Surely it is happenstance that Richard Nixon took the reins of the Presidency the same year Mr. Freedom was conceived and released. Most likely a criticism of the Lyndon B. Johnson era, but even then, it works as an uber-patriotic mess. “We’ll always beat ‘em / with star-spangled freedom” does play off the tongue like a manic Dick Nixon quip. Something he would slather onto his posters to knock the wind out of Hubert Humphrey. That’d teach him and his stance against the star-spangled freedom that Mr. Freedom (John Abbey) embodies. He is red, white and blue through and through, conversing solely in American wit, which is blunt and limited.
“The French are the white man’s burden.” Indeed. Dr. Freedom (Donald Pleasence) speaks the truth. Mr. Freedom is tasked with destroying all of France, just in case Communist forces take over. Mr. Freedom is haunted by visions of his former comrades. He will never forget them. Apparently. His task of stopping the Communist forces takes him through Paris, karate-chopping and robbing tourists, starting fights in elevators and just generally being a horrid, crass American. That is, effectively, the point of it all. Mr. Freedom is not an overarching or responsible commentary on the Americanisation of Europe, but a fear that America’s cultural influence was waning.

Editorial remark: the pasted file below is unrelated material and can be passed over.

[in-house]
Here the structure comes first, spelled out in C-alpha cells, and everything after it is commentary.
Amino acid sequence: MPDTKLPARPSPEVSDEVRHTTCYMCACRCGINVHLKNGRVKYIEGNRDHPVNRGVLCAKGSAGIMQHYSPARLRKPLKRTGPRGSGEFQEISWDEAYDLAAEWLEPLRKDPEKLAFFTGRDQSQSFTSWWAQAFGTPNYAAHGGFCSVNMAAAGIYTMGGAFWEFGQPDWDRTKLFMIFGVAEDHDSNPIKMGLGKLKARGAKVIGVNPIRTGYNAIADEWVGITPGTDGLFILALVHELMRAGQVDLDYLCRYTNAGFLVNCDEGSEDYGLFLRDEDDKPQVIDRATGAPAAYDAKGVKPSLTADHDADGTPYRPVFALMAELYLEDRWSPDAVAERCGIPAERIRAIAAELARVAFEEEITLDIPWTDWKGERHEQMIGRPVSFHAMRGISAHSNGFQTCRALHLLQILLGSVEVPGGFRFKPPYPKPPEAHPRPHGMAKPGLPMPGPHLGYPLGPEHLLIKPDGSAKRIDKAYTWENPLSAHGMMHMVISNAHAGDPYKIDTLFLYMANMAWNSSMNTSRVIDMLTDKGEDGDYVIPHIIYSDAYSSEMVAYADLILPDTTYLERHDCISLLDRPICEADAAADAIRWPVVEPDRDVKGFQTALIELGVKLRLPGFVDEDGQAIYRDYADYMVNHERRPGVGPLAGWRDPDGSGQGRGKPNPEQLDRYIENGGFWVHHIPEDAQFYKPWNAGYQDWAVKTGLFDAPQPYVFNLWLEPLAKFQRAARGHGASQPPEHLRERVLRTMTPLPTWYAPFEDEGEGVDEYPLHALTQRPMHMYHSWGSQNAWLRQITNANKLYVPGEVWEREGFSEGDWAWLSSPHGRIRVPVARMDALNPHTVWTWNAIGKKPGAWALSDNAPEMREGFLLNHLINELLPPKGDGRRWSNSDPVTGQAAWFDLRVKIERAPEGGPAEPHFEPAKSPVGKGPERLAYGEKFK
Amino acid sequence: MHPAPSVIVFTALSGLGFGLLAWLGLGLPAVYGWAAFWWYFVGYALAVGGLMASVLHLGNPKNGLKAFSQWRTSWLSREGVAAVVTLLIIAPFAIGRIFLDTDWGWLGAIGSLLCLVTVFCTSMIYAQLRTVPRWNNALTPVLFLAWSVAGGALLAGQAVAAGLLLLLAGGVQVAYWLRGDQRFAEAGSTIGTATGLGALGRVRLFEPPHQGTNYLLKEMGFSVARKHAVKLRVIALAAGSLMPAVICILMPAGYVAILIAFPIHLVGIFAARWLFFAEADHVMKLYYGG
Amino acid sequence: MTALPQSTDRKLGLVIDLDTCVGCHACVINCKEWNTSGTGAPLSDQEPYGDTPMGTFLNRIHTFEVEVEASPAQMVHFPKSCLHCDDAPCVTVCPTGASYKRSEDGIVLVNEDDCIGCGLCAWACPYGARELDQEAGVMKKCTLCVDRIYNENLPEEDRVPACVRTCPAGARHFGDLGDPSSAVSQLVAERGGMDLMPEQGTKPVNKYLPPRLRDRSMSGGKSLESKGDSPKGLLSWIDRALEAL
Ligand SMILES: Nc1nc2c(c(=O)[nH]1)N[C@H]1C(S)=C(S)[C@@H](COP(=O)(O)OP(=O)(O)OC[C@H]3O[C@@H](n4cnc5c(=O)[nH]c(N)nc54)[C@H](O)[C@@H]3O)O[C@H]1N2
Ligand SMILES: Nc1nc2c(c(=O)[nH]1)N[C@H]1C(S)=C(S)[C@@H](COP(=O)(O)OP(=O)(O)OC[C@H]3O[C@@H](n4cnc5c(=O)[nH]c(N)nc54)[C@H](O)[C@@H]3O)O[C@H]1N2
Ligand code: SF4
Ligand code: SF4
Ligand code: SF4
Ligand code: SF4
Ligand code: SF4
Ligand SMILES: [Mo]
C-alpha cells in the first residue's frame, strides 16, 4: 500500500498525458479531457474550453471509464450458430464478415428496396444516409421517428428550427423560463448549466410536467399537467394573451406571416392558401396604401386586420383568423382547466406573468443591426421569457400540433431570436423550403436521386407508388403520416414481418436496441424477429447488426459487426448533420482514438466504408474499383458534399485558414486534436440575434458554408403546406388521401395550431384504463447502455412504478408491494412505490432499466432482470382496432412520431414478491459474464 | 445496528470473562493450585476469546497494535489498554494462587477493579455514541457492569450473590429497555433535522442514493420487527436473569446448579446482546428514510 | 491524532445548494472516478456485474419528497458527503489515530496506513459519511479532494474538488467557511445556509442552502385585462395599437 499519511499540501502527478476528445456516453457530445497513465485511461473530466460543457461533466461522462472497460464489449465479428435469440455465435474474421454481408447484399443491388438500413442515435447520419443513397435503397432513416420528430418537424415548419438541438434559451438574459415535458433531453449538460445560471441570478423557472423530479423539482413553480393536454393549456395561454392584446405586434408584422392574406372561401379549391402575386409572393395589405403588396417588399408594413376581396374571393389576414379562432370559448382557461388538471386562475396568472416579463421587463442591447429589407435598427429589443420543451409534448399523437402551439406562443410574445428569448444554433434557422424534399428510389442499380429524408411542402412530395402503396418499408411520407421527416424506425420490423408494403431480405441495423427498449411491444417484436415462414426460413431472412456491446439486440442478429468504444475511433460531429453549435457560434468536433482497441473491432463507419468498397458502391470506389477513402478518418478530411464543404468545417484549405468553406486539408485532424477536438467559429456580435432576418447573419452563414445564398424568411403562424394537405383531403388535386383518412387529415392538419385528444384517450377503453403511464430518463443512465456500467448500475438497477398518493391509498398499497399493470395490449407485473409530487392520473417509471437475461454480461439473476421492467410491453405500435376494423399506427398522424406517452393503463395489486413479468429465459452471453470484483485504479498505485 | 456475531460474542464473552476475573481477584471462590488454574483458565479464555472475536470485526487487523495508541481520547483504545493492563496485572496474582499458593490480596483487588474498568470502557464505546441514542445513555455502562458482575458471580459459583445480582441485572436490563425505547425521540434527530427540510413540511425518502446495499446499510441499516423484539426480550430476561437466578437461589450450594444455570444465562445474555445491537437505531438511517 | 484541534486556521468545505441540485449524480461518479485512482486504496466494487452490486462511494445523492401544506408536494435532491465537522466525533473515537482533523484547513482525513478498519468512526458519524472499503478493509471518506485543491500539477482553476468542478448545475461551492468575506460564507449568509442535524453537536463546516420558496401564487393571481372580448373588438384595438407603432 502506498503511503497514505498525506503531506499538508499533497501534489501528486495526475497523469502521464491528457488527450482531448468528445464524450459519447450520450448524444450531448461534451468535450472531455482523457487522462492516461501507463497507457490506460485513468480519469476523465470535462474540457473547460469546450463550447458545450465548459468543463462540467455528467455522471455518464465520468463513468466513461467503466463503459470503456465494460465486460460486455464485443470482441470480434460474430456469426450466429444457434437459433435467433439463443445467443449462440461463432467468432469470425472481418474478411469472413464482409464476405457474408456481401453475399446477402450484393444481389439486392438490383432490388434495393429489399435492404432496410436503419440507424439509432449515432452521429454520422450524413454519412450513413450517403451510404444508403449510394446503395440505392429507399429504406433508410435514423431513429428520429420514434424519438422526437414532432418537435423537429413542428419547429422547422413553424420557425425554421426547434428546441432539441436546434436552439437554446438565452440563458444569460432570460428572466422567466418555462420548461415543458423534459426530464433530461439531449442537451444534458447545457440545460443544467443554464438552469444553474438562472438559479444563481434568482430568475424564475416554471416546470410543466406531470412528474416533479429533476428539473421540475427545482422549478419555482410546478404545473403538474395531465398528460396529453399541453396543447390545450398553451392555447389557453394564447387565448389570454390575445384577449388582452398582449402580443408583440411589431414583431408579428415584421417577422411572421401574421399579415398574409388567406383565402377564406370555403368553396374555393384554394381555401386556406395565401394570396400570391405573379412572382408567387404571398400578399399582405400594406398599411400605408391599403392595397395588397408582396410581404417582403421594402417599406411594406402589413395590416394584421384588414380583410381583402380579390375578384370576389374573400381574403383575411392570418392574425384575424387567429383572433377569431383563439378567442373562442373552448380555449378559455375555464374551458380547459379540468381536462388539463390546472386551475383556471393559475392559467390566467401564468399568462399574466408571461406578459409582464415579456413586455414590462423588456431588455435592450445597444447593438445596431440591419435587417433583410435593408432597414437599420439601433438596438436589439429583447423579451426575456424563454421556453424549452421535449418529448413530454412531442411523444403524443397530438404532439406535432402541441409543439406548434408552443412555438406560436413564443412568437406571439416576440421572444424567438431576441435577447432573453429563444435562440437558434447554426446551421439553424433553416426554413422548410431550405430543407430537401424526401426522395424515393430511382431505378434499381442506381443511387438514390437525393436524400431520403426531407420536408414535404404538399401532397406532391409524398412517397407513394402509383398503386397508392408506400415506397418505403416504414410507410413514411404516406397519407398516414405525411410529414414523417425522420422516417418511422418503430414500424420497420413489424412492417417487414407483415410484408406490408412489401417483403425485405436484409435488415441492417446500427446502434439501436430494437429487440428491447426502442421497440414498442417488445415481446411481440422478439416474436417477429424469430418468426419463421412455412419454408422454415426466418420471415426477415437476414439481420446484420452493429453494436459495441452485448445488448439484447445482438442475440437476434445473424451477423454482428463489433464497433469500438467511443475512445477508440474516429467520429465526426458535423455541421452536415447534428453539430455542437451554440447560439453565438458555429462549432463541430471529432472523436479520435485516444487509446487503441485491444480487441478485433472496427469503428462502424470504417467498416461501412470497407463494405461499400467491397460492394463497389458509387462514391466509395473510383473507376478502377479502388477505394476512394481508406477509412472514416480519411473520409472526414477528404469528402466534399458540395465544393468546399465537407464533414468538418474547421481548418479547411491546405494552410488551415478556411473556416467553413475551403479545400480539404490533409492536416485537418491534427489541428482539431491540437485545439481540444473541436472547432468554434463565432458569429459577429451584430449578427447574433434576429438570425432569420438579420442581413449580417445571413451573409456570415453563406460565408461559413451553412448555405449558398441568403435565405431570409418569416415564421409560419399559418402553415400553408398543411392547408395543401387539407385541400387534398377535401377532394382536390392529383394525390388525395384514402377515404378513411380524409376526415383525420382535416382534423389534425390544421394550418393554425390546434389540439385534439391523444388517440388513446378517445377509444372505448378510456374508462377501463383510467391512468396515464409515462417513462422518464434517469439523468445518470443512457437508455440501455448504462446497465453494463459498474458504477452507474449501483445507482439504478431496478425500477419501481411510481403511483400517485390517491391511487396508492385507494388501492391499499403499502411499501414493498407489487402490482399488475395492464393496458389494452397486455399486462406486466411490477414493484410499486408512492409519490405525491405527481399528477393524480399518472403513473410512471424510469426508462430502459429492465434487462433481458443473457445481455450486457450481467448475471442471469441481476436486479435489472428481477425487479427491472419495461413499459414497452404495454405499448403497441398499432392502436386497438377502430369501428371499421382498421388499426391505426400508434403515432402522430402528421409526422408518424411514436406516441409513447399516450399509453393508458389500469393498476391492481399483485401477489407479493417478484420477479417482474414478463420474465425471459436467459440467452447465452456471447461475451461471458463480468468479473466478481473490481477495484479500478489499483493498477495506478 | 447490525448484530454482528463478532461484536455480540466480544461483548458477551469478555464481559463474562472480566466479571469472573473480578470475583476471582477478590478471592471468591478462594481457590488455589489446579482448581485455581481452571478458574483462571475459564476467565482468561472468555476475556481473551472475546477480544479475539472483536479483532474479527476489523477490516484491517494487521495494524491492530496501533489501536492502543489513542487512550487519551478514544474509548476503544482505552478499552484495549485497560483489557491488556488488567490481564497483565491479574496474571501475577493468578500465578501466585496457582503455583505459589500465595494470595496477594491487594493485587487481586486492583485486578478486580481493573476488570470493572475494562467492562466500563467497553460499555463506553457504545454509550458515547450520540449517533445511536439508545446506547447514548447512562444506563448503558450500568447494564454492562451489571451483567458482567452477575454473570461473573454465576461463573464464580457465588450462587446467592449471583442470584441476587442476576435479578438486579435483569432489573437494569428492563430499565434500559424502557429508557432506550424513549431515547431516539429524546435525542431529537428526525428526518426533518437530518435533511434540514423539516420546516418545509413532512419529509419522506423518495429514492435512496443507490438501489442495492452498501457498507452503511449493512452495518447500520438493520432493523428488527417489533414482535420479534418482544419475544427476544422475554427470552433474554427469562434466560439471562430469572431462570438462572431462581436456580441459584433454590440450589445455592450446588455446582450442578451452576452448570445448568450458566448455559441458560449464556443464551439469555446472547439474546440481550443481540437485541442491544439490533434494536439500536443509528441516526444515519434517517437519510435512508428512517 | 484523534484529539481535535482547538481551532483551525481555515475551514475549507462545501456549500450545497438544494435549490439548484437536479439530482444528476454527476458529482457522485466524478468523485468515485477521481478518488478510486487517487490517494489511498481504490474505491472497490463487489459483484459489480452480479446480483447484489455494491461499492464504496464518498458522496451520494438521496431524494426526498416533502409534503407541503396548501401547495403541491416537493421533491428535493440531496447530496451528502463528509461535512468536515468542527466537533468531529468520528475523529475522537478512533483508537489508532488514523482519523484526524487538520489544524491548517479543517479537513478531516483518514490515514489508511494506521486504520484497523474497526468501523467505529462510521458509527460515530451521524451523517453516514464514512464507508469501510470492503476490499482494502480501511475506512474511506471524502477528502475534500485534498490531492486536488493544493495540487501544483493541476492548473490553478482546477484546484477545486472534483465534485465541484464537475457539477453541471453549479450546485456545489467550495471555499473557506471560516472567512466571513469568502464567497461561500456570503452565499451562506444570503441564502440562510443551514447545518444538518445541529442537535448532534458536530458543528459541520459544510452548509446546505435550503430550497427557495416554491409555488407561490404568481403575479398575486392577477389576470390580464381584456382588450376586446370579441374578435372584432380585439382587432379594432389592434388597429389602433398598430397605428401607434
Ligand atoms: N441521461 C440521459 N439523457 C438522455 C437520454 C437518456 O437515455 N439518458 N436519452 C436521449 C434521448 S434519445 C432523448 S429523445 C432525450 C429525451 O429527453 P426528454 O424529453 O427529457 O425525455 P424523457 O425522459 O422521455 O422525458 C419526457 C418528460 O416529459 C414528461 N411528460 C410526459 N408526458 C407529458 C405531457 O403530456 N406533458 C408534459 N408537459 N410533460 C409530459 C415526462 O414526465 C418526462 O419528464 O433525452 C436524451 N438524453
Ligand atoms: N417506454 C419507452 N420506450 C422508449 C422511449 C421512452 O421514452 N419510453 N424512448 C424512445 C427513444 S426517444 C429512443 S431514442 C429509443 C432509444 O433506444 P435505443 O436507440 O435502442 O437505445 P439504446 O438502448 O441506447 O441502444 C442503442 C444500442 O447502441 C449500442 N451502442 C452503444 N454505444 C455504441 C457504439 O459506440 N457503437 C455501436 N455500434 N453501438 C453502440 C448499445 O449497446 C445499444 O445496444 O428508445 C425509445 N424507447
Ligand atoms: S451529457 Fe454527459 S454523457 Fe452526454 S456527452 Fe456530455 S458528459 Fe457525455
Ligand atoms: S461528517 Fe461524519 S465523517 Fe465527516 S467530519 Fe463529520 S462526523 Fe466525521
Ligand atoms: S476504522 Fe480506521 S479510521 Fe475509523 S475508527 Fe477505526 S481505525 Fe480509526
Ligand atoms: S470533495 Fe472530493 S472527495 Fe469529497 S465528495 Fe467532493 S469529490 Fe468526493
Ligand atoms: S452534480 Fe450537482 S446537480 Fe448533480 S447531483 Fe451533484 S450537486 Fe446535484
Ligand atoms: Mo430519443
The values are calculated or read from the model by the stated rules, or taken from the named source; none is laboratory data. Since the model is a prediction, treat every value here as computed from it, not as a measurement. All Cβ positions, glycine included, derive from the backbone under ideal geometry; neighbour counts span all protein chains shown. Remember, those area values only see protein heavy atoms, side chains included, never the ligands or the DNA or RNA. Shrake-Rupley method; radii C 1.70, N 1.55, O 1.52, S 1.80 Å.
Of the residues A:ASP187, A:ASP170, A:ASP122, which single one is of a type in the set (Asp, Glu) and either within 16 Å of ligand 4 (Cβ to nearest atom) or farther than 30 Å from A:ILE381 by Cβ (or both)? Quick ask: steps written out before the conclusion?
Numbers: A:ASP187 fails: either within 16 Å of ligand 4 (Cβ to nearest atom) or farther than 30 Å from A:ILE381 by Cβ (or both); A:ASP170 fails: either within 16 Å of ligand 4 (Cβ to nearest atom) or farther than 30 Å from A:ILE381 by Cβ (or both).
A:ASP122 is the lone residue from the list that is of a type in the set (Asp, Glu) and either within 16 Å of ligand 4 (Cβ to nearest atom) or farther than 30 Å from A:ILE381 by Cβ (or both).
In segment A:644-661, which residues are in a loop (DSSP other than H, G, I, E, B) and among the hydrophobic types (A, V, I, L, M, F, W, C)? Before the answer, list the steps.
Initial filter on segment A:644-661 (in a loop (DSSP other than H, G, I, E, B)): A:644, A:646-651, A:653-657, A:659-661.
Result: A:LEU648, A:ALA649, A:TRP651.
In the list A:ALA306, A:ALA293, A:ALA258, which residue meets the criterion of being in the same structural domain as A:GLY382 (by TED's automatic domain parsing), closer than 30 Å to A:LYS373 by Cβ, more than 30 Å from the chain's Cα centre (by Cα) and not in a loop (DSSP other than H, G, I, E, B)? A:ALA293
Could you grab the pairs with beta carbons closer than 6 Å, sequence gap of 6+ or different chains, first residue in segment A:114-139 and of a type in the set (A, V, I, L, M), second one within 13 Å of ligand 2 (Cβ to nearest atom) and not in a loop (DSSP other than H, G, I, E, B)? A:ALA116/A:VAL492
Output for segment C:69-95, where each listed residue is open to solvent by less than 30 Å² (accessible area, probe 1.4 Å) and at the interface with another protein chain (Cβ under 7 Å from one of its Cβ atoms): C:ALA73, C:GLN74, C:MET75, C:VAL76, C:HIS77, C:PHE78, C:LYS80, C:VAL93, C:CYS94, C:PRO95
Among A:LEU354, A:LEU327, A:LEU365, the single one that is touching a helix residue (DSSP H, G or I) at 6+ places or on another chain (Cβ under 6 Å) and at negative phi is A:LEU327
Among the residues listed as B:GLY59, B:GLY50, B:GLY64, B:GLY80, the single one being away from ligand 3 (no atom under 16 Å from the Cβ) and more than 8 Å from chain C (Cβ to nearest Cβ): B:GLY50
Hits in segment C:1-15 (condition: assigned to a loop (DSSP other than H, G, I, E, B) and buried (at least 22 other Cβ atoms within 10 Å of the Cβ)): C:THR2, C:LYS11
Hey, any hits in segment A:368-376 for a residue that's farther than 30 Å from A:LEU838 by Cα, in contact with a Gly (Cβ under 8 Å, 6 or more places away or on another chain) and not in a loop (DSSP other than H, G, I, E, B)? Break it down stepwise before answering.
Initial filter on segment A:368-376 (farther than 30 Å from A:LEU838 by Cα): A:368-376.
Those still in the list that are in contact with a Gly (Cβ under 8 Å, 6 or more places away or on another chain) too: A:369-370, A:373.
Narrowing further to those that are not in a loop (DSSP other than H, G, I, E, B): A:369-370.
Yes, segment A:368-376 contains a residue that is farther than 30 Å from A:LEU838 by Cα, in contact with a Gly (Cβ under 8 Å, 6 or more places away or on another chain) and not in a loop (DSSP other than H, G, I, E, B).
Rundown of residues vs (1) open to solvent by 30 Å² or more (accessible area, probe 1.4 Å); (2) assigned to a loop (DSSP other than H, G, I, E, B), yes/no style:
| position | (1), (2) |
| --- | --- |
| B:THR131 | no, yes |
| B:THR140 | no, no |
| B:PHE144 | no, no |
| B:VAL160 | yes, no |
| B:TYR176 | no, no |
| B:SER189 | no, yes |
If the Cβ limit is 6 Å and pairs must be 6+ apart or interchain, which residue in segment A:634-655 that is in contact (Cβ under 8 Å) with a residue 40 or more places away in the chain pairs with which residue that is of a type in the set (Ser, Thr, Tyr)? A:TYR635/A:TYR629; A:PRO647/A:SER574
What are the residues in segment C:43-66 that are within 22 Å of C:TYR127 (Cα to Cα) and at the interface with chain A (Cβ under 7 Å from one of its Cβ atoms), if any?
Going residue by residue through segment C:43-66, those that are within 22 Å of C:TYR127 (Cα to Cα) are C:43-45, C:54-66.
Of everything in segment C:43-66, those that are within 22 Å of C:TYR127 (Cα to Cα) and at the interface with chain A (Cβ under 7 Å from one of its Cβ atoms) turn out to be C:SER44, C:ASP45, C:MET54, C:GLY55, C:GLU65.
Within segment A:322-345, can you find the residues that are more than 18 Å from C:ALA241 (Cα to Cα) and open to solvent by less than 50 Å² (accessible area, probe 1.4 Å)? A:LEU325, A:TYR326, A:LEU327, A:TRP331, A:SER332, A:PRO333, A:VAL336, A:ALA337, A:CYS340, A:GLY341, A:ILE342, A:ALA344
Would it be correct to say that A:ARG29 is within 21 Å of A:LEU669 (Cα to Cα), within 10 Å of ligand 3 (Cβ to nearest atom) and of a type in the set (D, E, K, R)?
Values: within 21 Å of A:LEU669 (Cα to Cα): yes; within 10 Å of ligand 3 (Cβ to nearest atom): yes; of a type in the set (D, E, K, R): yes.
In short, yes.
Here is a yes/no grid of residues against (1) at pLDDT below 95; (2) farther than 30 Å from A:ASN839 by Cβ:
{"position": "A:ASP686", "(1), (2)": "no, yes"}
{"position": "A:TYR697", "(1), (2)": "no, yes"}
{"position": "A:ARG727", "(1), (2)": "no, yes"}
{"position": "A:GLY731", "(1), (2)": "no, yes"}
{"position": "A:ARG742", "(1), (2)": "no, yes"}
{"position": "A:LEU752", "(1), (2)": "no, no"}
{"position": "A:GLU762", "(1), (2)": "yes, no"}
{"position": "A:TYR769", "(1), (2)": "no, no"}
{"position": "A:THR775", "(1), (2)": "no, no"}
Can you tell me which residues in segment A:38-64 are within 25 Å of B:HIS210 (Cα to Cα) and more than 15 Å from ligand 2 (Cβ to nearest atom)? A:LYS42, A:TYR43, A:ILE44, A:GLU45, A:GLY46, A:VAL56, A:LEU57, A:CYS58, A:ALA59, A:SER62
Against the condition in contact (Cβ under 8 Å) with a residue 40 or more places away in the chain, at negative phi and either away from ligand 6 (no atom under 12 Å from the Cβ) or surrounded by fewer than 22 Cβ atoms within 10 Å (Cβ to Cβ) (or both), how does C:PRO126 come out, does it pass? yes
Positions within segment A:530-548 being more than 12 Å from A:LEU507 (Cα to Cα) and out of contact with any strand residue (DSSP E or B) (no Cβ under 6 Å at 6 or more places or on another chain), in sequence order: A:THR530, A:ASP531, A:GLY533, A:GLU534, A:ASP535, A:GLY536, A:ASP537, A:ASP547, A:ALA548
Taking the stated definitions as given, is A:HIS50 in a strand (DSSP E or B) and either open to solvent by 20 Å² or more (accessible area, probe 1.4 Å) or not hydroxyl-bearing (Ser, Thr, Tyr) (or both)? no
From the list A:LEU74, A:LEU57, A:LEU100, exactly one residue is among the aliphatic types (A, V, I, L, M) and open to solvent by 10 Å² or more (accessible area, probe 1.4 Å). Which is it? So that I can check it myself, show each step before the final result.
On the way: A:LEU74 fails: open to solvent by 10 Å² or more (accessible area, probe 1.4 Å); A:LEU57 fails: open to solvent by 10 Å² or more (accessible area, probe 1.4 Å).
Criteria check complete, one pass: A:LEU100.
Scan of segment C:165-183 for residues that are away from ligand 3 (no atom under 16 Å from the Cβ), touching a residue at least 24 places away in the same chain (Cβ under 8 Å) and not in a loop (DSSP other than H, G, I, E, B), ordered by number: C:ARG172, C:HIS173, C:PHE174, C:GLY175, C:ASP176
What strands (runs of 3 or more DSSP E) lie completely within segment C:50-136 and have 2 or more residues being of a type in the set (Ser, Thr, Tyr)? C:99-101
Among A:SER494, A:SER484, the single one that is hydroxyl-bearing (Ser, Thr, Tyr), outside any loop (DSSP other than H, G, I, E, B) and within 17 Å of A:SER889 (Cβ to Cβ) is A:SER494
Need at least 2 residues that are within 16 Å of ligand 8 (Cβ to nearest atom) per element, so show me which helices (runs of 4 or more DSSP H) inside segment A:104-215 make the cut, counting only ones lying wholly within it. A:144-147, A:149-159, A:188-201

While the war in Vietnam waged on, the overtones and inevitable dialogue that relates to this are unconvincing. The real humour comes from Abbey, who chews so much scenery he chokes on the daft nature of the story. Some of these moments are certainly cause for concern. Mr. Freedom holds a French maid at gunpoint and forces her to strip and eat his breakfast. It is strange, and one of the many examples throughout the piece where the film loses its way, doesn’t quite know what it’s meant to be doing, and destroys audience interest. What is the point of this leading man, if not for criticising the brute-like attitude of America and its inability to accept its waning influence? It takes more digging than it should to realise this, and Mr. Freedom never makes it much of a concern. They are too focused on violent imagery that hopes to provoke out of general randomness than actual, nail-biting satire. A sad shame.
Clumsy, sloppy and a budget the size of a small savings nest, Mr. Freedom is the sort of satire that sounds incredible on paper but is amateurish upon release. Its titular hero is the fine, flamboyant mockery of American patriotism. “My father worked in the sewers. But then, the depression came, and they closed down the sewers” is one of the many, many beautifully constructed lines found within Mr. Freedom. Its criticism of American capitalism is earnest, thick and dumbfoundingly silly. Most of it works, little of it causes uproar or riot. The best satire is biting and insulting, but the zany approach William Klein takes with his direction misses out on tapping into the core of the “human drama” they continually mention.